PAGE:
Sculpture designed to give hope, courage and more to north city bus riders and passers-by | St. Louis Public Radio

Sculpture designed to give hope, courage and more to north city bus riders and passers-by

Jan 15, 2016

If you see people craning their necks to look up at Riverview Transit Center in north city, here’s a reason why: They’re likely contemplating a new 24-foot-tall sculpture called “Adinkra Tower.”

Officials from Metro’s Arts in Transit program formally dedicated the work today. It features Adinkra symbols of the Ashanti people of Ghana in West Africa, representing principles including creation, hope and wisdom.

St. Louis artist Thomas Sleet created the aluminum panels attached to an existing tower.  He said the sculpture is meaningful as well as eye-catching.

“It’s quite attractive visually because each symbol is different,” Sleet said. “And it’s quite powerful symbolically because each of those different attributes adds up to something that’s bigger than the individual parts.”

Martin Luther King Jr. connection

This symbol on one side of "Adinkra Tower" means "bravery."
Credit Arts in Transit

The dedication took place on what would have been Dr. Martin Luther King Jr.’s 87th birthday. The symbols reference many of King’s principles and qualities, according to Sleet.

Not only are the ideas familiar, but Sleet also said many people already know the ancient markings.

“They’re used in collaboration with the Kwanzaa celebration,” he explained.

Sculptor Thomas Sleet spent 18 months working on "Adinkra Tower."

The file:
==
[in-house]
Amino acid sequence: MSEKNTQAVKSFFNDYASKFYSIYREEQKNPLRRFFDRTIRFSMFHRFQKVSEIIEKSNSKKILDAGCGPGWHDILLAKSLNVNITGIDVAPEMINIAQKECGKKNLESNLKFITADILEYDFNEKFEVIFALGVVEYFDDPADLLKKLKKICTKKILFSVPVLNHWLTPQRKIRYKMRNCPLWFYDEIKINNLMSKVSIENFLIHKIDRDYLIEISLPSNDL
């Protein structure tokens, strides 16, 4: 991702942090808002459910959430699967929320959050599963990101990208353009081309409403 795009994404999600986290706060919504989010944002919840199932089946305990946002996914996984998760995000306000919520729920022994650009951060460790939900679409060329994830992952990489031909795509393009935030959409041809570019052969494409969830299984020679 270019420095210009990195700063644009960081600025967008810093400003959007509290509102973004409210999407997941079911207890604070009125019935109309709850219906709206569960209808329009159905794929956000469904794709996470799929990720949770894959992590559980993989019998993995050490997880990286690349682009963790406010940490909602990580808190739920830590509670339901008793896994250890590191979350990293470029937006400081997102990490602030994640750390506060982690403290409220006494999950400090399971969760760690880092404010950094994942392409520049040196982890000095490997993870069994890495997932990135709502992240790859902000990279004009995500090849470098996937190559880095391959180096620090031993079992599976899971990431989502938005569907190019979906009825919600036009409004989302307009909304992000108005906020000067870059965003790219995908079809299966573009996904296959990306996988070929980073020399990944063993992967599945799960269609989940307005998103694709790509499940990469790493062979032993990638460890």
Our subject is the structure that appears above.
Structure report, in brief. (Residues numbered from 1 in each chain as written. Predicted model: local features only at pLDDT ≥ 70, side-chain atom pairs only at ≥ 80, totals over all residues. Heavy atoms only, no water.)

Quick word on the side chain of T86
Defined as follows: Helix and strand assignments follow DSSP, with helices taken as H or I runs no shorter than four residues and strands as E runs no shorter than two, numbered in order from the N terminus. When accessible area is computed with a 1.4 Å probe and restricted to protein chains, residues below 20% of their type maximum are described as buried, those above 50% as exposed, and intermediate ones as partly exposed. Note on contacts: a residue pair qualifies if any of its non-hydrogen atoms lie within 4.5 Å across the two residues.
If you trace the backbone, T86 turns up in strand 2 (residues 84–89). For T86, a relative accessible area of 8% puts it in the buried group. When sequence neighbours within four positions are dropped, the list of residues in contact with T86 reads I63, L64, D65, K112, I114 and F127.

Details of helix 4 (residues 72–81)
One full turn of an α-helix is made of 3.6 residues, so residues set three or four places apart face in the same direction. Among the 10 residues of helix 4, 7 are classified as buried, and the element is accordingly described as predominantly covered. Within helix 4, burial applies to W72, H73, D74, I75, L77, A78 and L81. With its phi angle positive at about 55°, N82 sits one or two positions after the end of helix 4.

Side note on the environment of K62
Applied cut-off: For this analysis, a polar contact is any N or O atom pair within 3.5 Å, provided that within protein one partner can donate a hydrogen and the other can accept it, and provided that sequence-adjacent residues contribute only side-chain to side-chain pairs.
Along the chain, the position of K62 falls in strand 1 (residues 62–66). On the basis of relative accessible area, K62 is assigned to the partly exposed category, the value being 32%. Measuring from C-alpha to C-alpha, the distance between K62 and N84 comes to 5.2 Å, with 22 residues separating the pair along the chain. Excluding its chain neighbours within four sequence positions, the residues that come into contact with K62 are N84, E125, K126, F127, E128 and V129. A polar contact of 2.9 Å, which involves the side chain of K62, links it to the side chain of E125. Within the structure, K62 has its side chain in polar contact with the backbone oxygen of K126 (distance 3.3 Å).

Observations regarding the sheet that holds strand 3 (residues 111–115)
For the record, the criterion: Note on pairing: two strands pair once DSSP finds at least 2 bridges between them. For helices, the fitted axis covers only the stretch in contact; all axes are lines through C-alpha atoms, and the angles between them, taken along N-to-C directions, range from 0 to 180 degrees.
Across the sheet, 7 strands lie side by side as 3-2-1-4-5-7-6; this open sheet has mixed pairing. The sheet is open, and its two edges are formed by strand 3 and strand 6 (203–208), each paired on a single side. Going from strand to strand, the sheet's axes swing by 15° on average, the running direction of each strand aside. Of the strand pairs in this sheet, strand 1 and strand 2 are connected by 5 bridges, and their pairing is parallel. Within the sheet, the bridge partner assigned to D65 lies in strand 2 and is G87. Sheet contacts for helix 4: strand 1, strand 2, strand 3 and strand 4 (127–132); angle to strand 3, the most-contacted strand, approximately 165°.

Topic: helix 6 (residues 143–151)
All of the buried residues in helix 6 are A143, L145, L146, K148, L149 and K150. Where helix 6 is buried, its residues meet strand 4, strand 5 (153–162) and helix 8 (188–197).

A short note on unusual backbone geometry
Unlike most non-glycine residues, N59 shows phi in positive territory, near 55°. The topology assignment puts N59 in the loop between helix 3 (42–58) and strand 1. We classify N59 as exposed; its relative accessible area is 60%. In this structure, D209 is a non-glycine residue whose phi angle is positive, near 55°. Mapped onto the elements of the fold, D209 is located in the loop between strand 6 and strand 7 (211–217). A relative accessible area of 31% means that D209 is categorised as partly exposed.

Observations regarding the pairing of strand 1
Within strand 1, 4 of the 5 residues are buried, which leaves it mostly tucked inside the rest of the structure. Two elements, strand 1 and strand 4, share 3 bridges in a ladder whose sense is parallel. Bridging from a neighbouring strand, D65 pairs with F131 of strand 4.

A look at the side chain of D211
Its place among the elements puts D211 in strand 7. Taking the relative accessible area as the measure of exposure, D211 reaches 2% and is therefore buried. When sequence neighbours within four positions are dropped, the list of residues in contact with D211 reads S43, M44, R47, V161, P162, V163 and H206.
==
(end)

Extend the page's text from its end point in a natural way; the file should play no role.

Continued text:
Credit Thomas Sleet

Sleet’s goal is to see his work inspire people to be their best selves.

“[I hope that] over the course of time, people’s repeated exposure to the sculpture and these messages will start to sink in, and they will start to embrace, if not exhibit, the qualities that the sculpture is projecting,” Sleet said.

On the other hand, he said he’ll be happy if the sculpture affects even a single life.

“If it inspires one child, just one, then it’s a worthwhile project,” Sleet said.

Money from the Federal Transportation Administration paid for the sculpture. It joins more than three dozen other pieces of public art commissioned by Arts in Transit.

David Allen of Arts in Transit said the power of "Andikra Tower" is in its simplicity.
Credit Arts in Transit

David Allen is director of that program. Rarely has he been so impressed with the outcome of a project, he said.

“This very well may be one of my favorite art projects I’ve ever commissioned,”  Allen said. “And I’ve been doing this now for three public agencies over a period of 30 years.”

Follow Nancy Fowler on Twitter: @NancyFowlerSTL